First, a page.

32. 14 Experimental Designˆ2Y|B·A, AB =(q − 1)(FB − 1)(q − 1)(FB − 1) + npq=(2 − 1)(4.376 − 1)(2 − 1)(4.376 − 1) + (5)(3)(2)= 0.10.Following Cohen’s (1988, pp. 284–288) guidelines for inter-preting omega squared,.010 is a small association.059 is a medium association.138 is a large association,we conclude that the diets accounted for a large proportionof the population variance in weight loss. This is consistentwith our perception of the differences between the weight-loss means for the three diets: girls on diet a3 lost ﬁve morepounds than did those on a1. Certainly, any girl who is anx-ious to lose weight would want to be on diet a3. Likewise, themedium association between the exercise conditions andweight loss is practically signiﬁcant: Walking on the tread-mill resulted in a mean weight loss of 3 pounds. Based onTukey’s HSD statistic, 95% conﬁdence intervals for the threepairwise contrasts among the diet means are−5.9 < ·1 − ·2 < 2.9−9.4 < ·1 − ·3 < −0.6−7.9 < ·2 − ·3 < 0.9.Because the conﬁdence interval for ·1 − ·3 does not con-tain 0, we can be conﬁdent that diet a3 is superior to diet a1.Hedges’s (1981) effect size for the difference between dietsa1 and a3 isg =Y··1 − Y··2ˆσPooled=|8.0 − 13.0|3.937= 1.27,a large effect.Unfortunately, there is no statistic that measures practicalsigniﬁcance. The determination of whether results are impor-tant or useful must be made by the researcher. However, con-ﬁdence intervals and measures of effect magnitude can helpthe researcher make this decision. If our discipline is toprogress as it should, researchers must look beyond signiﬁ-cance tests and p values and focus on what their data tell themabout the phenomenon under investigation. For a fullerdiscussion of this point, see Kirk (2001).Alternative ModelsThus far, I have described the classical model equation forseveral experimental designs. This model and associatedprocedures for computing sums of squares assume that allcell ns in multitreatment experiments are equal. If the cell nsare not equal, some researchers use one of the following pro-cedures to obtain approximate tests of null hypotheses: (a) es-timate the missing observations under the assumption that thetreatments do not interact, (b) randomly set aside data to re-duce all cell ns to the same size, and (c) use an unweighted-means analysis. The latter approach consists of performingan ANOVA on the cell means and then multiplying the sumsof squares by the harmonic mean of the cell ns. None of theseprocedures is entirely satisfactory. Fortunately, exact solu-tions to the unequal cell n problem exist. Two solutions thatare described next are based on a regression model and a cellmeans model. Unlike the classical model approach, theregression and cell means model approaches require a com-puter and software for manipulating matrices.Suppose that halfway through the weight-loss experimentthe third participant in treatment combination a2b2 (Y322 = 7)moved to another area of the country and dropped out of theexperiment. The loss of this participant resulted in unequalcell ns. Cell a2b2 has four participants; the other cells have ﬁveparticipants. The analysis of the weight-loss data using theregression model is described next.Regression ModelA qualitative regression model equation with h − 1 =(p − 1) + (q − 1) + (p − 1)(q − 1) = 5 independent vari-ables (Xi1, Xi2,. . ., Xi2 Xi3) and h = 6 parameters (␤0, ␤1, . . . ,␤5),Yi = ␤0 +A effects␤1 Xi1 + ␤2 Xi2 +B effects␤3 Xi3 +A×B effects␤4 Xi1 Xi3 + ␤5 Xi2 Xi3 + ei ,can be formulated so that tests of selected parameters of theregression model provide tests of null hypotheses for A, B,and A × B in the weight-loss experiment. Tests of the fol-lowing null hypotheses for this regression model are of par-ticular interest:H0: ␤1 = ␤2 = 0H0: ␤3 = 0H0: ␤4 = ␤5 = 0In order for tests of these null hypotheses to provide testsof ANOVA null hypotheses, it is necessary to establish acorrespondence between the ﬁve independent variables ofthe regression model equation and (p − 1) + (q − 1) +(p − 1)(q − 1) = 5 treatment and interaction effects of theCRF-32 design. One way to establish this correspondence isto code the independent variables of the regression model as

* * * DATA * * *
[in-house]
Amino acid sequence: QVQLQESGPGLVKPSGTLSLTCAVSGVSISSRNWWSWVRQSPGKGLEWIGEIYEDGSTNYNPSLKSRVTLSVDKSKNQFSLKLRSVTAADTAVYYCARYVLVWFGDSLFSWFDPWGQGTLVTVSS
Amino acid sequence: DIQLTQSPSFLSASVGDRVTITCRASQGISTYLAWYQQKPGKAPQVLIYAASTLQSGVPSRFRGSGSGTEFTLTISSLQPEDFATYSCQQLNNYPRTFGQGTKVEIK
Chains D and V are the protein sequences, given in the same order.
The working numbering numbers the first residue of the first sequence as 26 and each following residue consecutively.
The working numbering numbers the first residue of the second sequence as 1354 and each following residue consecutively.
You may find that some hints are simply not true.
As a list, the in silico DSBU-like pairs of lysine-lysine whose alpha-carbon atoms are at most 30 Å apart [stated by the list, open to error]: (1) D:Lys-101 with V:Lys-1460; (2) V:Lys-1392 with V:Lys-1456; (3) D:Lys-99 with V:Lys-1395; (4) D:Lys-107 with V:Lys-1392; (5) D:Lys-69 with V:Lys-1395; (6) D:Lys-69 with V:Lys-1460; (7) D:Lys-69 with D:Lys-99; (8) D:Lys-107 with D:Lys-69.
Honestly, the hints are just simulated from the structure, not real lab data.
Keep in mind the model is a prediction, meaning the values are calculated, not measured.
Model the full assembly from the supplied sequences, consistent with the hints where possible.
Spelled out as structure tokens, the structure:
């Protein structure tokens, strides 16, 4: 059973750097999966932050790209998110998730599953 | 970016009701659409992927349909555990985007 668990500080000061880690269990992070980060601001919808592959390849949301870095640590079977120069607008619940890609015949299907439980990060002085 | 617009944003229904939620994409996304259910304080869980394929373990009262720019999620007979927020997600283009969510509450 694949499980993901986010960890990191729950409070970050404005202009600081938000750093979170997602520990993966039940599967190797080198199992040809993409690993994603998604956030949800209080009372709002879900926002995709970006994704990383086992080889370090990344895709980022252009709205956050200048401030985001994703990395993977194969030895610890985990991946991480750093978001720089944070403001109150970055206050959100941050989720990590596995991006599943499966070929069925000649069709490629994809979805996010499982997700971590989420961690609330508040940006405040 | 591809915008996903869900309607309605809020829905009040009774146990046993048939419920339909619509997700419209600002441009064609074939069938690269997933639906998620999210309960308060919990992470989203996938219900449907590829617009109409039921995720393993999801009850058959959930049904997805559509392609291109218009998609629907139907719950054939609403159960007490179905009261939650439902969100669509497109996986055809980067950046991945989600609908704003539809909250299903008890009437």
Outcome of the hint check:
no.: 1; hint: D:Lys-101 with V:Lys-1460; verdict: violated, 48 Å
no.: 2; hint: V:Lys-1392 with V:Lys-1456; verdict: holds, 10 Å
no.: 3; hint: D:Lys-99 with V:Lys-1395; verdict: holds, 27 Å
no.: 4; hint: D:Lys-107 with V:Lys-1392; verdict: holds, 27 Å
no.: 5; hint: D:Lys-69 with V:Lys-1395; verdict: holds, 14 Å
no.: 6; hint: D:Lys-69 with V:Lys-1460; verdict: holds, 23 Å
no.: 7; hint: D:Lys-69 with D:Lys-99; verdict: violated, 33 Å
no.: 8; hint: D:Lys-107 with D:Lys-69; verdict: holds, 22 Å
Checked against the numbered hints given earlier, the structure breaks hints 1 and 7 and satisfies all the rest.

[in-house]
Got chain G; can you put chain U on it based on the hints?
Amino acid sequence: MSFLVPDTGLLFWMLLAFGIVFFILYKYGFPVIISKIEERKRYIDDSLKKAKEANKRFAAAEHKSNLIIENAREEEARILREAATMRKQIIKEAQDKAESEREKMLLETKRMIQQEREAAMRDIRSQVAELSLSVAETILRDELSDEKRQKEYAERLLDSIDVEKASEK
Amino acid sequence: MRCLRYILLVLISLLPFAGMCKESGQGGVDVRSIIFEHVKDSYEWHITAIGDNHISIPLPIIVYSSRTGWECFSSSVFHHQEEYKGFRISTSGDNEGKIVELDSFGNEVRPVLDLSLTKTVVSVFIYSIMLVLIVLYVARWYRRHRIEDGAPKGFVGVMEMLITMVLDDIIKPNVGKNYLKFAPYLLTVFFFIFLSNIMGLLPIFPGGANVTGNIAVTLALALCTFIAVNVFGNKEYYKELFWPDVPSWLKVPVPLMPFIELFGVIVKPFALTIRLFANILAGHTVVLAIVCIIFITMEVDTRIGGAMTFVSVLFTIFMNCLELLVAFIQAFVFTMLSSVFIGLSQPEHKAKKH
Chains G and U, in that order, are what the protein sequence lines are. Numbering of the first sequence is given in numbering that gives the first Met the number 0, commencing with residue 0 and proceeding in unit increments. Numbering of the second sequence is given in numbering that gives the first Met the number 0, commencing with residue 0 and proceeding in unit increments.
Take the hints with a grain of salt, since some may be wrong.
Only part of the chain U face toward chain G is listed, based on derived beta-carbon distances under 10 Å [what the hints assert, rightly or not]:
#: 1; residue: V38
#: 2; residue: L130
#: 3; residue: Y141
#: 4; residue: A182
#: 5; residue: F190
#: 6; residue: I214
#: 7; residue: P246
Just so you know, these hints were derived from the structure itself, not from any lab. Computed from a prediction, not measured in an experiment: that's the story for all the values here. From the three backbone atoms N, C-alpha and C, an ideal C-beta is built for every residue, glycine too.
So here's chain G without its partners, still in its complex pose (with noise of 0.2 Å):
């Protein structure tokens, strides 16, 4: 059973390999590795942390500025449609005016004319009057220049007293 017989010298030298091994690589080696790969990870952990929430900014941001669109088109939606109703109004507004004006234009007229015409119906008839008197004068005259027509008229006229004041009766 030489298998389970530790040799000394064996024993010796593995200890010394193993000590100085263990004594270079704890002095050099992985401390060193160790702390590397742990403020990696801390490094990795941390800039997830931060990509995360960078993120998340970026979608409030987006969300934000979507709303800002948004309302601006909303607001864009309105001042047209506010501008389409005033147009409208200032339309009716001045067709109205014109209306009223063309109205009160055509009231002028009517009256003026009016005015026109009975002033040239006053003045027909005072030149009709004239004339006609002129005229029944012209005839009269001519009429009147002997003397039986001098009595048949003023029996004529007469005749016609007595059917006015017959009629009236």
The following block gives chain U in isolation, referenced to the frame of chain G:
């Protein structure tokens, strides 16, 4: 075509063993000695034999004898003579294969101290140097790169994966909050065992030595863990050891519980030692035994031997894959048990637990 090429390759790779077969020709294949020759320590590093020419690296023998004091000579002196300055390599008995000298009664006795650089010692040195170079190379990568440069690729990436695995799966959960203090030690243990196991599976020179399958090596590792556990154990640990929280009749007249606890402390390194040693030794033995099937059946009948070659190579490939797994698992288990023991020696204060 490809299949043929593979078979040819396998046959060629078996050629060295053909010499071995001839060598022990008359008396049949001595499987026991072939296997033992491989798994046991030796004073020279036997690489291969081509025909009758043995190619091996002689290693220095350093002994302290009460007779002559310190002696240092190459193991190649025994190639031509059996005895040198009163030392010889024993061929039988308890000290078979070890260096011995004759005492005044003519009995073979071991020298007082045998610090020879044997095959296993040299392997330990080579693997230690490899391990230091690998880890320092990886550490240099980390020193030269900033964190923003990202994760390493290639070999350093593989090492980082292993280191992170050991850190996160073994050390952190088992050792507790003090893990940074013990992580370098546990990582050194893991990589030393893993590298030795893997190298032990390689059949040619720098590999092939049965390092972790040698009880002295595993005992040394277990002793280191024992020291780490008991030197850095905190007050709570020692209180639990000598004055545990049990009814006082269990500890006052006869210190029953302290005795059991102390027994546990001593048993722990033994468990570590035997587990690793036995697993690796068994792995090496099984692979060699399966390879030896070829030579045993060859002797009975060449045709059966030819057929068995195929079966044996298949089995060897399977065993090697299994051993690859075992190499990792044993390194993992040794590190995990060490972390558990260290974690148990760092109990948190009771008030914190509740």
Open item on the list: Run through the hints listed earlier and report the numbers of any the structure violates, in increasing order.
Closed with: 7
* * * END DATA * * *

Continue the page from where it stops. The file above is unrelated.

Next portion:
33. Factorial Designs 15TABLE 1.5 Data Vector, y, and X Matrix for the Regression Modely29×1X29×6A B A×Bx0 x1 x2 x3 x1x3 x2x37 1 1 0 1 1 0a1b1.....................1 1 1 0 1 1 07 1 1 0 −1 −1 0a1b2.....................9 1 1 0 −1 −1 09 1 0 1 1 0 1a2b1.....................11 1 0 1 1 0 110 1 0 1 −1 0 −1a2b2.....................13 1 0 1 −1 0 −115 1 −1 −1 1 −1 −1a3b1.....................8 1 −1 −1 1 −1 −113 1 −1 −1 −1 1 1a3b2.....................12 1 −1 −1 −1 1 1ΆΆΆΆΆΆΆΆΆfollows:Xi1 =1, if an observation is in a1−1, if an observation is in a30, otherwiseXi2 =1, if an observation is in a2−1, if an observation is in a30, otherwiseXi3 =1, if an observation is in b1−1, if an observation is in b2Xi1 Xi3 =product of coded valuesassociated with a1 and b1Xi2 Xi3 =product of coded valuesassociated with a2 and b1This coding scheme, which is called effect coding, producedthe X matrix in Table 1.5. The y vector in Table 1.5 containsweight-loss observations for the six treatment combinations.The ﬁrst column vector, x0, in the X matrix contains ones; thesecond through the sixth column vectors contain codedvalues for Xi1, Xi2, . . . , Xi2Xi3. To save space, only a portionof the 29 rows of X and y are shown. As mentioned earlier,observation Y322 is missing. Hence, each of the treatmentcombinations contains ﬁve observations except for a2b2,which contains four.F statistics for testing hypotheses for selected regressionparameters are obtained by dividing a regression mean square,MSR, by an error mean square, MSE, where MSR = SSR/dfregand MSE = SSE/dferror. The regression sum of squares, SSR,that reﬂects the contribution of independent variables X1 andX2 over and above the contribution of X3, X1X3, and X2X3 isgiven by the difference between two error sums of squares,SSE, as follows:SSR(AX1 X2 |BX3A×BX1 X3 X2 X3)= SSE(BX3A×BX1 X3 X2 X3) – SSE(AX1 X2BX3A×BX1 X3 X2 X3)An error sum of squares is given bySSE( ) = y y − [(Xi Xi )−1(Xi y)] (Xi y),where the Xi matrix contains the ﬁrst column, x0, of X andthe columns corresponding the independent variables con-tained in SSE( ). For example, the X matrix used in comput-ing SSE(X3 X1X3 X2X3) contains four columns: x0, x3, x1x3,and x2x3. The regression sum of squares corresponding toSSA in ANOVA isSSR(AX1 X2 |BX3A×BX1 X3 X2 X3)= SSE(BX3A×BX1 X3 X2 X3) – SSE(AX1 X2BX3A×BX1 X3 X2 X3)= 488.1538 − 360.7500 = 127.4038with p − 1 = 2 degrees of freedom. This sum of squaresis used in testing the regression null hypothesis H0: ␤1 =␤2 = 0. Because of the correspondence between the regres-sion and ANOVA parameters, a test of this regression nullhypothesis is equivalent to testing the ANOVA null hypothe-sis for treatment A.The regression sum of squares corresponding to SSB inANOVA isSSR(BX3 |AX1 X2A×BX1 X3 X2 X3)= SSE(AX1 X2A×BX1 X3 X2 X3) – SSE(AX1 X2BX3A×BX1 X3 X2 X3)= 436.8000 − 360.7500 = 76.0500with q − 1 = 1 degree of freedom.